Homemade ravioli can be very intimidating This recipe may sound complicated at first but if you plan ahead and grab another pair of hands, homemade ravioli is well worth the hard work. Plus, you can always freeze a good portion of these to easily pop into boiling water on those nights where standing in the kitchen is not on your “to do” list.
If you haven’t made ravioli at home before, you should know these two things:
1. It takes a lot of love to make homemade pasta (a lot of love, patience, elbow grease, and more love)
2. You don’t need a pasta roller or a ravioli cutter to make ravioli (we used a rolling pin and one of our favorite Avery glasses to make these)
Traditionally ravioli is stuffed with meat or cheese, but we stuffed ours with pumpkin because, well, tis the season for pumpkin flavors! This pumpkin filling is to die for. I wish I could have packed more of it into our raviolis. I may or may not have licked my plate when I finished my portion. I was stuffed after 6 raviolis, but I could have easily shoved another 6 down my gizzard because these were so tasty.
This is definitely a new favorite in our household!
If you’re not feeling much like rolling out your own pasta dough, use wonton wrappers instead. You definitely save on the hard labor and I bet everyone is too busy gobbling up your ravioli that nobody notices the difference. Your secret is safe with me.
Place 2-1/2 cups flour in a large bowl; make a well in the center. Beat eggs and oil; pour into well. Stir together, forming a ball. Turn onto a floured surface; knead until smooth and elastic, about 8-10 minutes, adding remaining flour if necessary to keep dough from sticking. Cover and let rest for 30 minutes.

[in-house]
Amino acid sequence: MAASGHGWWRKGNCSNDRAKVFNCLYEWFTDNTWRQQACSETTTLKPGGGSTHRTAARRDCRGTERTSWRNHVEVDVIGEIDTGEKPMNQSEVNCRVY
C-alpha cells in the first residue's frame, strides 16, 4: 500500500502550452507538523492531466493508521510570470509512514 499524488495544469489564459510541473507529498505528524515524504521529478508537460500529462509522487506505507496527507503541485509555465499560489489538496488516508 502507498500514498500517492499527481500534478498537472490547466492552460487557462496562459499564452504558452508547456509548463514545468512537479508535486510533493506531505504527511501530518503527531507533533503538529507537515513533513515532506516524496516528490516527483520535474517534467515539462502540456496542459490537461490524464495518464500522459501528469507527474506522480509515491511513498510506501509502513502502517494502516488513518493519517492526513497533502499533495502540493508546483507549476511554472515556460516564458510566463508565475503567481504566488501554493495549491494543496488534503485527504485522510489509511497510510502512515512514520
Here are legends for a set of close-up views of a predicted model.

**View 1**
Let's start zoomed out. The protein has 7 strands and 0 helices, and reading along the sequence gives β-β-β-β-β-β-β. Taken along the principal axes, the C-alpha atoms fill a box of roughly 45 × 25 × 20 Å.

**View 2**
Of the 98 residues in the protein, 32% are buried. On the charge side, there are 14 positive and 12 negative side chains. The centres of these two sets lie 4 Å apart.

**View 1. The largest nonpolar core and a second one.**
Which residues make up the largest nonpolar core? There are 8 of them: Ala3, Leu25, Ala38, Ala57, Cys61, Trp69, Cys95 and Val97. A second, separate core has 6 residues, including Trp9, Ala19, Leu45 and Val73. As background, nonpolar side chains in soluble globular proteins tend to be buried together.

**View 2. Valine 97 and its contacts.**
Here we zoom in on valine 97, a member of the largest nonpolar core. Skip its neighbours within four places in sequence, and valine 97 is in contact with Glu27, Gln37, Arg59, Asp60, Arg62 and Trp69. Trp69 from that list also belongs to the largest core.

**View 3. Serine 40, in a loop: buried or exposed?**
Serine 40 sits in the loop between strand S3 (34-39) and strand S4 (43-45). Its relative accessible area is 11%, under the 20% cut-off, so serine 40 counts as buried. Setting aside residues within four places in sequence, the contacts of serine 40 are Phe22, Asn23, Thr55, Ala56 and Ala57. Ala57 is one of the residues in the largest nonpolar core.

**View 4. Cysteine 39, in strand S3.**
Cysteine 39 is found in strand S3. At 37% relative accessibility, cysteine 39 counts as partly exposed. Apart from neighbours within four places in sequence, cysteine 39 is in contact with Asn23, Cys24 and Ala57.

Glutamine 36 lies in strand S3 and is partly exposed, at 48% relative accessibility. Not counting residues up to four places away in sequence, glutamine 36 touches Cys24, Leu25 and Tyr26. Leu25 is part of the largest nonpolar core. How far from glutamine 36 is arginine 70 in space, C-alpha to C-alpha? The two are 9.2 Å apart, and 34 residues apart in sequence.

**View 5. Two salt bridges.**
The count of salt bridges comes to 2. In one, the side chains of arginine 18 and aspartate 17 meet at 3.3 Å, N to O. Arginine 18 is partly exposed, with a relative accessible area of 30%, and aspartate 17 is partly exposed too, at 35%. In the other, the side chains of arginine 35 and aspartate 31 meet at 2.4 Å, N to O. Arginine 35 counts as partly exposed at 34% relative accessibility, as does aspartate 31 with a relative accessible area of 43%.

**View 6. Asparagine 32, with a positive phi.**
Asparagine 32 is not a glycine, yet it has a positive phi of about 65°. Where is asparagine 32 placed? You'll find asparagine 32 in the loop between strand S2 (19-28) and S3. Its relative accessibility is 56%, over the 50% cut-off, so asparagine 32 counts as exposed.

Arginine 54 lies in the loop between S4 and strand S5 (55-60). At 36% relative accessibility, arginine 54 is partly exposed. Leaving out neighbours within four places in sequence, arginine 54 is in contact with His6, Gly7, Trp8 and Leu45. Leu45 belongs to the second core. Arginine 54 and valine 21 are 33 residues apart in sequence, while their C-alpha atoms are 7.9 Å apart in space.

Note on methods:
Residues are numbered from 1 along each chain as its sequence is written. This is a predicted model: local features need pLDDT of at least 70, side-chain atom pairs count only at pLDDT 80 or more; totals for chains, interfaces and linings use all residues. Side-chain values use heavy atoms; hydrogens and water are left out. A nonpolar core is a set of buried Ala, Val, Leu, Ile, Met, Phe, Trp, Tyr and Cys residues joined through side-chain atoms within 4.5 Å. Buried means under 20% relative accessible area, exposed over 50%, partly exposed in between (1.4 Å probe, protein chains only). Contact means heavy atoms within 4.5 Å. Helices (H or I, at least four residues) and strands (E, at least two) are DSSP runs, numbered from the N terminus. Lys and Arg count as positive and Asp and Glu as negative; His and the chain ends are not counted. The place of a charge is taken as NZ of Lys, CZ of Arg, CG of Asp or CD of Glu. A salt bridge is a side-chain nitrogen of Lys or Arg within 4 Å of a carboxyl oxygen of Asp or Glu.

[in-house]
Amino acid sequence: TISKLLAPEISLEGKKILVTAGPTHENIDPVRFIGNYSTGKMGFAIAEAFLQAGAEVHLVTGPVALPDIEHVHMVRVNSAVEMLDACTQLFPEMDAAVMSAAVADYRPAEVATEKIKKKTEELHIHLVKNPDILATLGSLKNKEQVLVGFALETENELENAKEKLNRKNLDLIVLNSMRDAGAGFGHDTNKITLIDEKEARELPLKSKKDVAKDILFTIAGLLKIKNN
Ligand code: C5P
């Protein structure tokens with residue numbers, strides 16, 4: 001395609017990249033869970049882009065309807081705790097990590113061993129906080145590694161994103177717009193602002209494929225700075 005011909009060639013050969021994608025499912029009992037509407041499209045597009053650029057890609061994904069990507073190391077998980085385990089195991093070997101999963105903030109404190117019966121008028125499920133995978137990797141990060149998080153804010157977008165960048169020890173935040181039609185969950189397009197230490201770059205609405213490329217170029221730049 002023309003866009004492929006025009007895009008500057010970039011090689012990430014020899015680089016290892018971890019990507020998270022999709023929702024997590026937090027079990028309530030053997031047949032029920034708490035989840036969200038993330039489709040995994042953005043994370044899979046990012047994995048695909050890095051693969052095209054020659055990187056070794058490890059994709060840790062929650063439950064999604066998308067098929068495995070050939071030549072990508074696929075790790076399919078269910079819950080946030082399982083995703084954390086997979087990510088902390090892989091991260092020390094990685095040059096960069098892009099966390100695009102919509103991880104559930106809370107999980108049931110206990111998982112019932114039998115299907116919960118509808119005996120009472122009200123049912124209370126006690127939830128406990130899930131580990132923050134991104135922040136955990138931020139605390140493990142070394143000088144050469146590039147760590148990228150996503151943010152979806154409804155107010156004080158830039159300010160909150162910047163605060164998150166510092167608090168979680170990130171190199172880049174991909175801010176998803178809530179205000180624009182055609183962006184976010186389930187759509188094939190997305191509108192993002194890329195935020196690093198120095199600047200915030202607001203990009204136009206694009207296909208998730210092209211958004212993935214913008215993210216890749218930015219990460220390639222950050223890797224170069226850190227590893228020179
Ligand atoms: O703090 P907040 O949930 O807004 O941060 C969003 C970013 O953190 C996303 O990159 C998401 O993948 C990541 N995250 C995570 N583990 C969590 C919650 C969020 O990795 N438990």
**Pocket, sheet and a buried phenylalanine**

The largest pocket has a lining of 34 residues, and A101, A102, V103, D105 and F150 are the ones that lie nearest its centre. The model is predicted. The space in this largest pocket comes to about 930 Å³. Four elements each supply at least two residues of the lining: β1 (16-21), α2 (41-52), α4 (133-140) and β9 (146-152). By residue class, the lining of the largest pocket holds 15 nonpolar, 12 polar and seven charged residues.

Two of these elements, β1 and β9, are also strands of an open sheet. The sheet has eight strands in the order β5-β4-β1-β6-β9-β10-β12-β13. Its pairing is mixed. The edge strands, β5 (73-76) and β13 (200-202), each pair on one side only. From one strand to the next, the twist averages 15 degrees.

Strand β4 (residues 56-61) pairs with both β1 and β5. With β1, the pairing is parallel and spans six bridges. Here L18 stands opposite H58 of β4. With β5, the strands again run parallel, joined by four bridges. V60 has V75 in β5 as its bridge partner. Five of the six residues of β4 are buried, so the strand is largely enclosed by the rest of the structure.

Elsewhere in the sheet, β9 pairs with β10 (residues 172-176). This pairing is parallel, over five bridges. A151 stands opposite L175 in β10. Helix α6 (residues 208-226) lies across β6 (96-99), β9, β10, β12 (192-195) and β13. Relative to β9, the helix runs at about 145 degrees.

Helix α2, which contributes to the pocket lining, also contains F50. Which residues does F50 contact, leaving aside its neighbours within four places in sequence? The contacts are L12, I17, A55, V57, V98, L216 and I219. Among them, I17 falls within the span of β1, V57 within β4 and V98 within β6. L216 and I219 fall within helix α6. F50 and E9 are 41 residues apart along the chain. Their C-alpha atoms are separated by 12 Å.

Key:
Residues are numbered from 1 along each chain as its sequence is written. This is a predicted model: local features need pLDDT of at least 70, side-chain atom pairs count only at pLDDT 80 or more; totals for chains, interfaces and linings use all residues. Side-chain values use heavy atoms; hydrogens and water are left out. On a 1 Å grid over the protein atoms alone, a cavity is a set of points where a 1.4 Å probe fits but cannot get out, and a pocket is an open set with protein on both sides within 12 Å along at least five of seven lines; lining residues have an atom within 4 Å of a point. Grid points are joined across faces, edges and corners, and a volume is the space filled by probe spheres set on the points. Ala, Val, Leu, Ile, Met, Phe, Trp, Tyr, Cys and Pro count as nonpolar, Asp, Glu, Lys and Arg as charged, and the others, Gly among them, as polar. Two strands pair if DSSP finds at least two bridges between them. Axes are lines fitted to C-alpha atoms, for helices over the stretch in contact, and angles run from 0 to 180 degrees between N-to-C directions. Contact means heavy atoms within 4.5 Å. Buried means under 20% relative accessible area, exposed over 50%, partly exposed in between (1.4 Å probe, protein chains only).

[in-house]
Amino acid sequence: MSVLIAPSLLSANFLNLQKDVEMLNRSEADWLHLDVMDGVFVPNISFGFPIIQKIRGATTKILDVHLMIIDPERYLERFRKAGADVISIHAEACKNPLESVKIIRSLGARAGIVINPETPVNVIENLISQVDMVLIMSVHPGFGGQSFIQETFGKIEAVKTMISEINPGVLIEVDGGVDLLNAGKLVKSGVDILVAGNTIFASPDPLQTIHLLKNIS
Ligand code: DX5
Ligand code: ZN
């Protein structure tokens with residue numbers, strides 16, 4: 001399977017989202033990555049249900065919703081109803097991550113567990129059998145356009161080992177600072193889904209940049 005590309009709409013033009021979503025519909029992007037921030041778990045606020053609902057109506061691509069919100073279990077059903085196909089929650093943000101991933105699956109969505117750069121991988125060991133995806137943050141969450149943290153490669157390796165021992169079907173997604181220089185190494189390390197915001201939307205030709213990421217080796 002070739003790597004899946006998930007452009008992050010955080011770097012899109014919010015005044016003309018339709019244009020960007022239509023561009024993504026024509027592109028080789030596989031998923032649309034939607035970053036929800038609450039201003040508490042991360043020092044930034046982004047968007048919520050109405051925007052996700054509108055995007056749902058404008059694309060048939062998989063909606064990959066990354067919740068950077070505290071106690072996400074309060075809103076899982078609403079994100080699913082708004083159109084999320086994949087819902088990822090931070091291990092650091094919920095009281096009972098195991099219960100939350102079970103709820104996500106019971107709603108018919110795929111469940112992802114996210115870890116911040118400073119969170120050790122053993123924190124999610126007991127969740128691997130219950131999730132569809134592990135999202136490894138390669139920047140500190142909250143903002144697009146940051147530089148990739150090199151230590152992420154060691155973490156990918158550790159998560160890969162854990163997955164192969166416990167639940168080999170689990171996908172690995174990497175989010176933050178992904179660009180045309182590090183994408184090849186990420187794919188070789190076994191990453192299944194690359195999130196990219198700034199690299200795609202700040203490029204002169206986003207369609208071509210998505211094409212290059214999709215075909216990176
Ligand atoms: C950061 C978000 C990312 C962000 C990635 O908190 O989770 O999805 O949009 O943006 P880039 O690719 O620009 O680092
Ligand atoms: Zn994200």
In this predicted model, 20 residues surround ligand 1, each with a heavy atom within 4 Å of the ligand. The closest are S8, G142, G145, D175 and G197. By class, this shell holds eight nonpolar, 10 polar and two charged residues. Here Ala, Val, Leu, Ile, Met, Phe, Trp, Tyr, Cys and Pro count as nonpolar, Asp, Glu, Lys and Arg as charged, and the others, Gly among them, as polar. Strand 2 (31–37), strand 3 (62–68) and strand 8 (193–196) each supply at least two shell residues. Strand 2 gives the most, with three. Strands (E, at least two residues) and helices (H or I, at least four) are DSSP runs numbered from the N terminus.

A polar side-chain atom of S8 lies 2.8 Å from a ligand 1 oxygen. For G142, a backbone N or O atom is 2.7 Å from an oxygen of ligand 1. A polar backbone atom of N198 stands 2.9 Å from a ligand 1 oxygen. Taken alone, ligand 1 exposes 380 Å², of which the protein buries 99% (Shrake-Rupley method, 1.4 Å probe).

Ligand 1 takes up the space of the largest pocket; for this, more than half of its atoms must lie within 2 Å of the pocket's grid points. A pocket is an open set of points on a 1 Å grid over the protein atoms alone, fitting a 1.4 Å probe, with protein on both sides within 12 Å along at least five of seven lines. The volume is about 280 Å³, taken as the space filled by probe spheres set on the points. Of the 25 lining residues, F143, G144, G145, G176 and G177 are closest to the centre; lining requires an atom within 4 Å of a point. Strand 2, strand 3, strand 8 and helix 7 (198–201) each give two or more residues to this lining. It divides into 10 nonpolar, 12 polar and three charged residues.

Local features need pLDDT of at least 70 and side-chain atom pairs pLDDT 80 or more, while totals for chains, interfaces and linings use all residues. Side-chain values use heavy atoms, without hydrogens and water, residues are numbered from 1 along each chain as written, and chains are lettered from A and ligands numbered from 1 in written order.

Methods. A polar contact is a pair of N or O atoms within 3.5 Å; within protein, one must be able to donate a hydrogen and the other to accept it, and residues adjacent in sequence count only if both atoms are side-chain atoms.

Meanwhile, in a large skillet, saute pumpkin, shallot and garlic in butter until tender. Add the sage, thyme, salt and pepper. Transfer to a food processor; cover and process until blended. Return to the pan; stir in cream, cheese and bay leaf. Bring to a high heat, stirring constantly. Reduce heat; simmer, uncovered, for 15-20 minutes or until thickened. Discard bay leaf.
Divide pasta dough into fourths; roll one portion as thin as you can (1/16-in. thickness). (Keep remaining dough covered until ready to use.) Cut circles of pasta by using a ravioli cutter or a small glass. Place a teaspoon of filling in the middle of a pasta circle then brush around filling with beaten egg. Place another pasta circle over the filling and press down firmly to seal. Repeat with remaining dough and filling.
Bring a stock pot of salted water to a boil. Add ravioli. Reduce heat to a gentle simmer; cook for 1-2 minutes or until ravioli float to the top and are tender. Drain and keep warm.
In a small saucepan, bring cream to a boil; cook, uncovered, until reduced by half. Stir in butter and sage. Serve with ravioli.
If you wish to freeze any extra ravioli, lay completed ravioli in single lines on a floured cookie sheet and set in the freezer for 15 minutes. After 15 minutes, store the ravioli in a freezer bag for up to 3 months. When you are ready to cook these, pop them into salted boiling water just as you would if they were fresh. They are cooked when they float to the top of the water.